With all the upcoming excitement about Halloween, you may have overlooked the fact that yesterday was World Stroke Day.
This year, the global campaign to tackle stroke was highlighted with the slogan “Because I care…”.
The phrase showcases the role of caregivers in supporting people who have suffered a stroke and aims to correct misinformation about the disease, such as the misconception that stroke only happens later in life.
Every other second, stroke attacks a person, regardless of age or gender. Of the 15 million people who experience a stroke each year, six million do not survive. Worldwide about 30 million people have had a stroke and most have residual disabilities.
Overall approximately 55 000 more women have strokes than men each year, mainly because stroke occurs more frequently at older ages and women generally live longer than men. Of note, women are twice as likely to die from a stroke than breast cancer each year.
And recent data published in the Lancet, shows a striking 25% worldwide increase in the number of stroke cases in people aged between 20 and 64. This younger age group now accounts for a shocking 31% of strokes.
But, with greater awareness, these figures don’t have to continue their alarming trend. Stroke can be prevented, treated and managed in the long term. The campaign theme “Because I care” emphasizes these areas.
The slogan was chosen as it can easily be adapted to all cultures and in any setting. It attempts to address prevailing misinformation about the disease, e.g., stroke only happens later in life. The campaign also celebrates the important contributions of caregivers and the role they play as conduits between the stroke community and the general public in correcting misinformation.
Because I care…
- I want you to know the facts about stroke
- I will work to break down the myths surrounding stroke
- I want you to learn how to minimize your risk of stroke
- I want you to have access to the best possible treatment
- I will ensure that you receive quality treatment, care and support
- I will be with you every step of the way towards your full recovery
Research presented at the recent European Society of Cardiology [ESC] Congress showed that there are plenty of steps young obese women can take to reduce their risk of stroke. In young women without metabolic disorders such as high blood pressure, high cholesterol and high blood sugar or abnormal glucose metabolism being overweight did not increase the chance of having a stroke compared to normal weight women without metabolic disorders. However, the risk of stroke increased by 3.5 times in women who were overweight and had metabolic disorders.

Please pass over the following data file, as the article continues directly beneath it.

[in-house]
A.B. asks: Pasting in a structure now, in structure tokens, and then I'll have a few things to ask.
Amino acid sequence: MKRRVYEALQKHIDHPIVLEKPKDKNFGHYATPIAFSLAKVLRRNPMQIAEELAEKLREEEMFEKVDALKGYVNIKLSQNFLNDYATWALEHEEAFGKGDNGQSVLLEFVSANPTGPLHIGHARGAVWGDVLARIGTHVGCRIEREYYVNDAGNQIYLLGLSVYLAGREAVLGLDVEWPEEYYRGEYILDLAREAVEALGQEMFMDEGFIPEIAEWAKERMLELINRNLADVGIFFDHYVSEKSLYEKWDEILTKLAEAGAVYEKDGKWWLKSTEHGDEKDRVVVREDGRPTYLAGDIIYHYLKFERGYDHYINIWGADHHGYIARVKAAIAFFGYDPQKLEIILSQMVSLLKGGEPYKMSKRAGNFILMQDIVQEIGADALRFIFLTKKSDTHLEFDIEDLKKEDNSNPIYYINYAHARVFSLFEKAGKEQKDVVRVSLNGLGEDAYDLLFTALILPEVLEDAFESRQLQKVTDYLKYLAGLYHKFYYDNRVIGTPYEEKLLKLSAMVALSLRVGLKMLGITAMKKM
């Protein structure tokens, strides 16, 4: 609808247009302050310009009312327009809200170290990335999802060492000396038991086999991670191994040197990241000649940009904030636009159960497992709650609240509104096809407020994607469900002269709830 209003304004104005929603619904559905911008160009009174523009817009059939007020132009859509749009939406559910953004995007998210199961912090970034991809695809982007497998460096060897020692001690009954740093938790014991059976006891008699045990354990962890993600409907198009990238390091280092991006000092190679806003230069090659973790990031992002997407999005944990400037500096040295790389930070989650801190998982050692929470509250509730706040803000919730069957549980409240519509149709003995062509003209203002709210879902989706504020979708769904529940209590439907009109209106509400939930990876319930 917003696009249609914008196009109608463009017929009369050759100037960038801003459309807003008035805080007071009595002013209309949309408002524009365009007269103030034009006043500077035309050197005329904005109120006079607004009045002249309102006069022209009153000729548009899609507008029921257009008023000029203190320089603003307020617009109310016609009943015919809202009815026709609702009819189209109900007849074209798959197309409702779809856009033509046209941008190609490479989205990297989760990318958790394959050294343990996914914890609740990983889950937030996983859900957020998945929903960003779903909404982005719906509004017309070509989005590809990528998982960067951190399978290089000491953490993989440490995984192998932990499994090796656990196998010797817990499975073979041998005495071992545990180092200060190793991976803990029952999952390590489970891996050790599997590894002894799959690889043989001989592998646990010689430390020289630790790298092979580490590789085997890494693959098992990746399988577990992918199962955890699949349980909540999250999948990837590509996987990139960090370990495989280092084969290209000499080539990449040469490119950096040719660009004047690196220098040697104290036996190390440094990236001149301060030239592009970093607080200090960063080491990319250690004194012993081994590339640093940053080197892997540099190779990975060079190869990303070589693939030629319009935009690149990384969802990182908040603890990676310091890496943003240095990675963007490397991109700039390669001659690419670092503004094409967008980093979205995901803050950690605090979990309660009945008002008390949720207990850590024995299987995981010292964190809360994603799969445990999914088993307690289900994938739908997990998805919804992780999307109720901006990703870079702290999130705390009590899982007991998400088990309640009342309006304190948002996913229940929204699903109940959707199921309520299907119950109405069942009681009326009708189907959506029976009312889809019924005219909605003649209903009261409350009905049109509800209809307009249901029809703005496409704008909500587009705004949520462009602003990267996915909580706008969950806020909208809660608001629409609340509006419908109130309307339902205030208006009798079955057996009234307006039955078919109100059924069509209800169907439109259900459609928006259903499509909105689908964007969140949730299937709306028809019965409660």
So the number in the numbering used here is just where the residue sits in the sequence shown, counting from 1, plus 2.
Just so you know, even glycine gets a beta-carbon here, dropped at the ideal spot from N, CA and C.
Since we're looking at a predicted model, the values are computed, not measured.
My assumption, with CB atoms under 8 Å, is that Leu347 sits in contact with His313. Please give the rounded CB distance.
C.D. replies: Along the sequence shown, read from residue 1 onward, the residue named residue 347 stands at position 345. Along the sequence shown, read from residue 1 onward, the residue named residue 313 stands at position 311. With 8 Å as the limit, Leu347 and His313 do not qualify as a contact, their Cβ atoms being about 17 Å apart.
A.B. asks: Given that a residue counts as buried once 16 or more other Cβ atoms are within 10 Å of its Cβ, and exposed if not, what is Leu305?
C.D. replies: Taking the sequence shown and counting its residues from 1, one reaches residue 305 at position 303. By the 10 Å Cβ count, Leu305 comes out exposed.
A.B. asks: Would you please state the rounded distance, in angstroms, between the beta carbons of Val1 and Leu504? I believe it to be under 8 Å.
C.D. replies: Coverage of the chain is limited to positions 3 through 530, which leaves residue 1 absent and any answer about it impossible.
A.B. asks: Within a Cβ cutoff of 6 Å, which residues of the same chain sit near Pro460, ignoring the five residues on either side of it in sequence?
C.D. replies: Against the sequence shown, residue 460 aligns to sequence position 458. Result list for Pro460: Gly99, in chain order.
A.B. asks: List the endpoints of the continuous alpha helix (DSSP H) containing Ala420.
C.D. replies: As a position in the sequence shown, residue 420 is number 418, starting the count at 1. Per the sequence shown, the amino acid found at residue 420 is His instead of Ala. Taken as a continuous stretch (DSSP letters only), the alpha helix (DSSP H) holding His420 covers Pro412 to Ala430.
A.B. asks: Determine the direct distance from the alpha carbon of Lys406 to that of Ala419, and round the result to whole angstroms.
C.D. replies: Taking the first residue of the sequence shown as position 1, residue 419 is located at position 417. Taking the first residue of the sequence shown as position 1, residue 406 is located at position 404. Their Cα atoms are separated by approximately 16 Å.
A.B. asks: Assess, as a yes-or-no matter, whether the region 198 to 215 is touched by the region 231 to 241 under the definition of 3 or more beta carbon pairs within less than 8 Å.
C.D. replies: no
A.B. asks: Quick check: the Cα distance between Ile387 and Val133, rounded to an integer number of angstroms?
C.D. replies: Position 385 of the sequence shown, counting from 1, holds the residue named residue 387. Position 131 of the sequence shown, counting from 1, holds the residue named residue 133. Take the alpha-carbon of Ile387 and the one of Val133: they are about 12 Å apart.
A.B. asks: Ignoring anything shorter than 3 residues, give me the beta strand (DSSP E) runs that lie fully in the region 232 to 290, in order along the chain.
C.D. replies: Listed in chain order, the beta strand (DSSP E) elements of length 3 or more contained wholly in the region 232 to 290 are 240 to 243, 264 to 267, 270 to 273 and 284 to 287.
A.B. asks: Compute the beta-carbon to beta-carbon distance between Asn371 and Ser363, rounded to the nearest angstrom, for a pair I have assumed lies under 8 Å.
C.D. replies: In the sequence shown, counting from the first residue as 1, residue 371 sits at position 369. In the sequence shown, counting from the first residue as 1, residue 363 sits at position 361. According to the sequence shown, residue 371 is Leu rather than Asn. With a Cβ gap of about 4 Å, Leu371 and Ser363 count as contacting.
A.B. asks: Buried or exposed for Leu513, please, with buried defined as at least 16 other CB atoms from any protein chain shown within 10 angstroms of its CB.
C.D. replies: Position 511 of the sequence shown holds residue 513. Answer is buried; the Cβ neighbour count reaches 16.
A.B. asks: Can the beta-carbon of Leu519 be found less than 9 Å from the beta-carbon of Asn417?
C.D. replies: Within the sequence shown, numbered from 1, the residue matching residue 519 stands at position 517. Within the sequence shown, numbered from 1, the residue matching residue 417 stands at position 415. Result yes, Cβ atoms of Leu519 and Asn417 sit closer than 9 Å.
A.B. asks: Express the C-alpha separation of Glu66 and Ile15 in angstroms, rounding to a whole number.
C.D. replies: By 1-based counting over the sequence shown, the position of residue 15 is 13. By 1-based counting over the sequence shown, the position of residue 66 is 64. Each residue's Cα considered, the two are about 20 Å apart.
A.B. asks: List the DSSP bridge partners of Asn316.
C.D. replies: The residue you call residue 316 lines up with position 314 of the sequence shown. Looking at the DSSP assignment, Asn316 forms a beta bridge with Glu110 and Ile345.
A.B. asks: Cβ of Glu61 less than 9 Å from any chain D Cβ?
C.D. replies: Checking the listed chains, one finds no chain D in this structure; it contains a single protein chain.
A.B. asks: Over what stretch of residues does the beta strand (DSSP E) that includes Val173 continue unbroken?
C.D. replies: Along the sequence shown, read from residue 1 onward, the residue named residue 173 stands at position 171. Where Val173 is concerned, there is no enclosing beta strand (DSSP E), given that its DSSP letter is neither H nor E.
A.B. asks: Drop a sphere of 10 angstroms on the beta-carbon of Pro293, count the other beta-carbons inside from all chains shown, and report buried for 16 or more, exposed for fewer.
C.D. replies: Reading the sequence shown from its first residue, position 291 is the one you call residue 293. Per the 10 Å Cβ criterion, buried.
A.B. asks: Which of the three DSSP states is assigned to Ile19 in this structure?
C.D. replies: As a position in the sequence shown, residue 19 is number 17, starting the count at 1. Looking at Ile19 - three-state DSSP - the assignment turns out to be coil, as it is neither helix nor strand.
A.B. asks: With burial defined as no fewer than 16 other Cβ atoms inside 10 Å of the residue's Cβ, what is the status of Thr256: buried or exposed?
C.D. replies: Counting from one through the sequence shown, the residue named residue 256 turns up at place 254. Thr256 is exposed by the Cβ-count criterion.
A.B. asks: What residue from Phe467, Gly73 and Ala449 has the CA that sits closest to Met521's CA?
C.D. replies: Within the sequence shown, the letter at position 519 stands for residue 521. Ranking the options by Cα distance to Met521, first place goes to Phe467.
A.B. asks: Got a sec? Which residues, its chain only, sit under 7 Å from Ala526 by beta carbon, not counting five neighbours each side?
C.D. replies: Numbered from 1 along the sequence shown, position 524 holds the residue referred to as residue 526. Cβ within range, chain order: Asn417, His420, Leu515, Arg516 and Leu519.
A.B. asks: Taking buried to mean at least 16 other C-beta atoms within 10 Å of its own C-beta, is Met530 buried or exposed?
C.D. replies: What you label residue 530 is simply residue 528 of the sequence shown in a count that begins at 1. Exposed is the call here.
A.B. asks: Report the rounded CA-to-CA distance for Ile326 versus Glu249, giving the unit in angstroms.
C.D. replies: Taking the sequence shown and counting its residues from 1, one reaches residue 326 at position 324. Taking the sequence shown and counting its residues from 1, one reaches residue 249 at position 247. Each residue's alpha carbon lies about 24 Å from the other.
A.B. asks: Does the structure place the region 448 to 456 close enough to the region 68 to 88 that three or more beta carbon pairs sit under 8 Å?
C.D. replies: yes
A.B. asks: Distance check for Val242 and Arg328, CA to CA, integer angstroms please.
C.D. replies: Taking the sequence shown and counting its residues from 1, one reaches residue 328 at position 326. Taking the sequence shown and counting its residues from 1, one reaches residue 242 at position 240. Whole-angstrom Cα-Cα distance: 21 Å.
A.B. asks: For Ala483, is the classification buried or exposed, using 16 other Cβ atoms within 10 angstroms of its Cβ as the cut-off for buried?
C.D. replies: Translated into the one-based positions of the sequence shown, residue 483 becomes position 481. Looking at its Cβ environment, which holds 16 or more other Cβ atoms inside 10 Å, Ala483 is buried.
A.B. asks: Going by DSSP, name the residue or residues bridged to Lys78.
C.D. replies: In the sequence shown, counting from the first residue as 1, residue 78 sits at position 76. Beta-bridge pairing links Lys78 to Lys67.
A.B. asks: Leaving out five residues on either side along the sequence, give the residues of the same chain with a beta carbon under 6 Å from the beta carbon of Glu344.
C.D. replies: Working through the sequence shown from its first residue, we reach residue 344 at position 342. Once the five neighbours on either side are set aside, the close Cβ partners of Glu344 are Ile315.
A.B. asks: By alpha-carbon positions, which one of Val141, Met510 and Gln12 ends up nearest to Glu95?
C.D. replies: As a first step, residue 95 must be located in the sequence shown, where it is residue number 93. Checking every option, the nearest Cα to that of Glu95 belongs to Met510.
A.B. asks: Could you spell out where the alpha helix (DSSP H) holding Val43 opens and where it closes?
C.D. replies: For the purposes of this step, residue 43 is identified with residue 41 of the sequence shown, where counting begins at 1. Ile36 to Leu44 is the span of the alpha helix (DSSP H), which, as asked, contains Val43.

Study author, Dr Michelle Schmiegelow said: “Obesity puts young women at a major risk of developing high blood pressure, diabetes or high cholesterol, which dramatically increases their likelihood of having a stroke. Young women who are overweight or obese probably have a window of opportunity to lose weight and keep a healthy lifestyle so that they reduce their risk of getting high blood pressure, diabetes and high cholesterol. In this way they can protect themselves from having a stroke or heart attack.”
Awareness of important risk factors, such as atrial fibrillation and hypertension, is crucial.
Professor Joep Perk, MD, a Swedish Cardiologist and spokesperson for the ESC says: “Women are at the same risk of stroke as men, and the level of risk is completely steered by the underlying risk factor pattern they have. The majority of people who have a stroke are disabled for the rest of their lives and may be paralyzed or lose their ability to speak. The devastating consequences of this disease for patients and their loved ones make prevention even more important.”
He adds: “Prevention for all cardiovascular disease follows the same pattern, be it stroke, heart attack, or peripheral arterial disease. Step one for women is absolutely to stop smoking – that beats everything. The second most important thing is to know your blood pressure to see if you are at risk. And finally, adopt healthy behaviors like eating heart healthy food and keeping the amount of salt you eat under control.”
The global campaign against stroke asks people to commit to six stroke challenges:
• Know your personal risk factors: high blood pressure, diabetes, and high blood cholesterol
• Be physically active and exercise regularly
• Maintain a healthy diet high in fruit and vegetable and low in salt and keep blood pressure low
• Limit alcohol consumption
• Avoid cigarette smoke. If you smoke, seek help to stop now
• Learn to recognize the warning signs of a stroke and how to take action.
Check, check, check, check, check and check! I’m feeling up to the stroke challenge. Are you?